March 5th, 2011 | by NIGEL JAQUISS News | Posted In: Legislature, Environment, Politics

Nature Conservancy Clarifies Position on Measure 76 Fix

Oregon State Capitol.Oregon's Capitol Building

The Nature Conservancy finds itself in an unusual position in Salem. Last year, the group funded the campaign that resulted in the landslide victory of Measure 76, which enshrined in the Oregon Constitution the current practice of setting aside 15 percent of Oregon Lottery proceeds for the reclamation and acquisition of wildlife habitat and parks.

But rather than enjoying that victory, The Nature Conservancy is embroiled in a dispute over the terms of some amendments to Measure 76 that it and other interested parties agreed should be referred to voters by the 2011 Legislature.

At the heart of the dispute is a disagreement over how the more than $80 million in annual funding provided by the Lottery set-aside should be allocated. Currently, 55 percent of the money is sent to the Oregon Watershed Enhancement Board, which issues grants for projects around the state. Measure 76 would increase the grant portion of the money from 55 percent to 65 percent. Lawmakers think the right number is 58 percent and that is what they would like to refer to voters. The Nature Conservancy disagrees and that has caused a blow-up. Complicating the argument is the fact that The Nature Conservancy is the biggest recipient of the funds allocated to grant-funded projects. Earlier this week, WW asked the Nature Conservancy by email to clarify its position on the referral.

Here are responses to those questions (which have been edited for clarity) from Nature Conservancy spokesman Stephen Anderson.

WW : In [Nature Conservancy government affairs director] Nan Evans' Feb. 22 legislative testimony, she objected to lawmakers' proposed 58-42 split of Lottery proceeds. Nature Conservancy President Russ Hoeflich subsequently issued a statement that did not address how the funding should be split. Can you clarity TNC's position on that particular point now?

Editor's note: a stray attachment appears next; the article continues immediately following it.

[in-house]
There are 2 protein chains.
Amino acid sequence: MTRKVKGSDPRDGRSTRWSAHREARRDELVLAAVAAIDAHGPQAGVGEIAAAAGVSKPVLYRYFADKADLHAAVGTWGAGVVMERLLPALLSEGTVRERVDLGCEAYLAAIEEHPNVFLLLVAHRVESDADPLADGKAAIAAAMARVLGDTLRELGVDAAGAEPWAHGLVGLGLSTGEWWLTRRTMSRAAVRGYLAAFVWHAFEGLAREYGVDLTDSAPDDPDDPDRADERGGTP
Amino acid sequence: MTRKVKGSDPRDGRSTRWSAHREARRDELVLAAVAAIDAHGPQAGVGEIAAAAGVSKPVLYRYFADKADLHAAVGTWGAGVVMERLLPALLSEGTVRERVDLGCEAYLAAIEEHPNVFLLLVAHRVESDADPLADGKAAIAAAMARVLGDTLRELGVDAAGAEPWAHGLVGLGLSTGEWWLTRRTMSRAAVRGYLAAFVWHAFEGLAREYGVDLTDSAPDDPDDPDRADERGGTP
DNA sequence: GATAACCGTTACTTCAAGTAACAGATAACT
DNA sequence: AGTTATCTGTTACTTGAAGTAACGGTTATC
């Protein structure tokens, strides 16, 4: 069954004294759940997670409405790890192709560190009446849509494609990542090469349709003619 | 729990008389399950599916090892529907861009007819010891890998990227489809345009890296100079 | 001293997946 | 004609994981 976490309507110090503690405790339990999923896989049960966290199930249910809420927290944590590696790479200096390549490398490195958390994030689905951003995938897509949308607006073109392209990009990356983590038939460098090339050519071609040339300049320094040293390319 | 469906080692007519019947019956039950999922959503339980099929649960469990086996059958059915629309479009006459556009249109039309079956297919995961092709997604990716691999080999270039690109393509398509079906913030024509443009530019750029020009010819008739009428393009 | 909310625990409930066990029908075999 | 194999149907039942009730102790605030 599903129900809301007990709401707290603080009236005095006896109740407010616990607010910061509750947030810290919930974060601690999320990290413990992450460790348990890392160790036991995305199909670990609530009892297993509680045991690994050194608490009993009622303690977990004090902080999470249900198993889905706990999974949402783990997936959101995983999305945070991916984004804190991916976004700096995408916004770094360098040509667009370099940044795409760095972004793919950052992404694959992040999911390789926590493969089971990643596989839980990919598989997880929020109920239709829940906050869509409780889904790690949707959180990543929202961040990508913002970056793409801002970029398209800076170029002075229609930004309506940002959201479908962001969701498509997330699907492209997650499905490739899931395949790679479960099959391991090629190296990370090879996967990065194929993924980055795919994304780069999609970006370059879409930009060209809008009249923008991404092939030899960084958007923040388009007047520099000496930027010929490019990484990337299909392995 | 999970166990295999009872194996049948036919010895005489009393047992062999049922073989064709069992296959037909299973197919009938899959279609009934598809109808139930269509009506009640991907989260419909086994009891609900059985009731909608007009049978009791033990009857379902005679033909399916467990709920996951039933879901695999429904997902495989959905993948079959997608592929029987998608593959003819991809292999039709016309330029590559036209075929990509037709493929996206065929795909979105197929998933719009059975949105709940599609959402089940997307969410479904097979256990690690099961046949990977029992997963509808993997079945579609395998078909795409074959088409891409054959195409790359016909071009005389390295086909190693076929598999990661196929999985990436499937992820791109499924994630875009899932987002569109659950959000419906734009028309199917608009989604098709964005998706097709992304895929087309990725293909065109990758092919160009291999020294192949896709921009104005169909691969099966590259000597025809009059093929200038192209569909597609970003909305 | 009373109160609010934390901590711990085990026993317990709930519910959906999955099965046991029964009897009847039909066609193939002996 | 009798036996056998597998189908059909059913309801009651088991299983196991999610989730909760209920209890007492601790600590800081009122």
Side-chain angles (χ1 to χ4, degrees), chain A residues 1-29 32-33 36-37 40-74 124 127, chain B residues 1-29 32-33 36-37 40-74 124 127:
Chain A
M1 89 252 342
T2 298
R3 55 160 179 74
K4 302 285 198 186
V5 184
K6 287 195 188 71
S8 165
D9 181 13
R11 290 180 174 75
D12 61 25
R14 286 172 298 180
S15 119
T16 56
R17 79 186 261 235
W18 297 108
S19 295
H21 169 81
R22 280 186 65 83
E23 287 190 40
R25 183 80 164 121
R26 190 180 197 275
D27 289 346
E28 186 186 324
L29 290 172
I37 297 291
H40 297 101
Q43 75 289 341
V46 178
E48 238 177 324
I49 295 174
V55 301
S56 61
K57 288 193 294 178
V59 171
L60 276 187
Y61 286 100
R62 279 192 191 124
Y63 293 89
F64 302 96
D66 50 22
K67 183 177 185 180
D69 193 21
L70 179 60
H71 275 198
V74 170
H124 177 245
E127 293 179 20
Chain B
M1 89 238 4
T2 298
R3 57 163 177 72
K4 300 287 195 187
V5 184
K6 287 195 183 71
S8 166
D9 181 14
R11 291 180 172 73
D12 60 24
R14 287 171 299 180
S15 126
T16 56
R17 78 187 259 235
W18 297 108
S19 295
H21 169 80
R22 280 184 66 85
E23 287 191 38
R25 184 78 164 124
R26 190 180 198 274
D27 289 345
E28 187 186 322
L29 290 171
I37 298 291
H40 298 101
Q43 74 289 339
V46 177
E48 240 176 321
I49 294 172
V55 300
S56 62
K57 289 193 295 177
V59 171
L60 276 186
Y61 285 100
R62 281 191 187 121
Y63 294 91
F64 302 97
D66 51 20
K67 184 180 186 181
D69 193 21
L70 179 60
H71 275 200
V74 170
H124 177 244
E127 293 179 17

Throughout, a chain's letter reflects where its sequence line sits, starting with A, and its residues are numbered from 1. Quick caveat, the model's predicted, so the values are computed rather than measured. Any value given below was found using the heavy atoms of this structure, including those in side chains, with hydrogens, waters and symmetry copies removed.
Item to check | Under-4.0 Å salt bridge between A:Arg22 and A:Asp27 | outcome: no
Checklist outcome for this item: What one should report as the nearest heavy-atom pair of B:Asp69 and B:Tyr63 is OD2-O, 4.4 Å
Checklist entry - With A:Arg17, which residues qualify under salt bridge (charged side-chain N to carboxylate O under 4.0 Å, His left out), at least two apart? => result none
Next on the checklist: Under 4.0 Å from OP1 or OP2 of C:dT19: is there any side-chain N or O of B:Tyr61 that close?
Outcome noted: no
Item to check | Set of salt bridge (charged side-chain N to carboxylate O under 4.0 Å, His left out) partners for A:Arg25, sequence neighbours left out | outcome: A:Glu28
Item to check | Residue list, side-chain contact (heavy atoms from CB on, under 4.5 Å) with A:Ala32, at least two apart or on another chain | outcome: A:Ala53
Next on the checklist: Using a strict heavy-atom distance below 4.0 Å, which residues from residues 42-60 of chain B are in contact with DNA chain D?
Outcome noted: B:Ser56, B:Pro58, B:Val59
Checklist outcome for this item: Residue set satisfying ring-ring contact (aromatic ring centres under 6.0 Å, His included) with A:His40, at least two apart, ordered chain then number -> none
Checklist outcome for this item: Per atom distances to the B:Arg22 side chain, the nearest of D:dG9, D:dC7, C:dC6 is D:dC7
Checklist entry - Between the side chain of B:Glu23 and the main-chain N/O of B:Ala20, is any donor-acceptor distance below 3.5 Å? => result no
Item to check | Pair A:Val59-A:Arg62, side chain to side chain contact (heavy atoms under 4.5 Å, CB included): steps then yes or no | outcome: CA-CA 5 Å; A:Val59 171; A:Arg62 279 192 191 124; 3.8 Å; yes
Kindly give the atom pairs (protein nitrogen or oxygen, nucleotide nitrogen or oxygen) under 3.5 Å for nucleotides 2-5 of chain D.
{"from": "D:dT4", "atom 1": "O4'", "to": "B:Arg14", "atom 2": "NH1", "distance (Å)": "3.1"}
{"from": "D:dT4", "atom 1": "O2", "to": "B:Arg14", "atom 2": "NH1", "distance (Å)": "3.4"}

Stephen Anderson: We've indicated to legislative leaders that we can be flexible on how the split between grants and agencies is structured, in a way that both honors our agreement and keeps faith with the voters, who passed the measure overwhelmingly. Our discussion with the leadership is ongoing, and we are confident a workable solution can be achieved.

The Nature Conservancy has been the largest recipient of [Oregon Lottery-sourced] grant dollars over the past decade. How does TNC's direct interest in continuing to maximize grant monies affect TNC's position on the details of the proposed referral and particularly the
split of the Lottery monies between agency and grant expenditures?

It doesn't. Both the grants program and the natural resource agencies are vital to Oregonians being able to preserve the health of our streams, rivers, natural areas and important habitats as Oregon continues to grow. So, in your wording, our interest as a conservation organization is to maximize both. With respect to the grants program, there is no guarantee The Nature Conservancy will ever receive another dime from it. The grants are awarded to projects on a competitive basis, according to the criteria OWEB has set, aligned with the purposes of the dedicated funds as spelled out in our state Constitution.

More context about the grants program: As the endorsement of Measure 76 by community groups across the state—watershed councils, local land trusts, other nonprofits, businesses and local leaders—suggests, the
grants program is popular because it plugs into local communities and improves habitats in ways that benefit them. It creates local private sector jobs in habitat restoration, construction and other fields. I'm
sure this was part of your Measure 76 endorsement interview as well. This information was prominent in the campaign, and may help account for the broad support from voters, who passed the measure in every Oregon
county. How this money is actually spent (to be fair, it isn't just "doled out"), the growing restoration economy it supports, and the model Oregon is providing to other states in this regard is a fascinating story that hasn't really been told. Let me know—I'd be happy to provide examples and more information.




 
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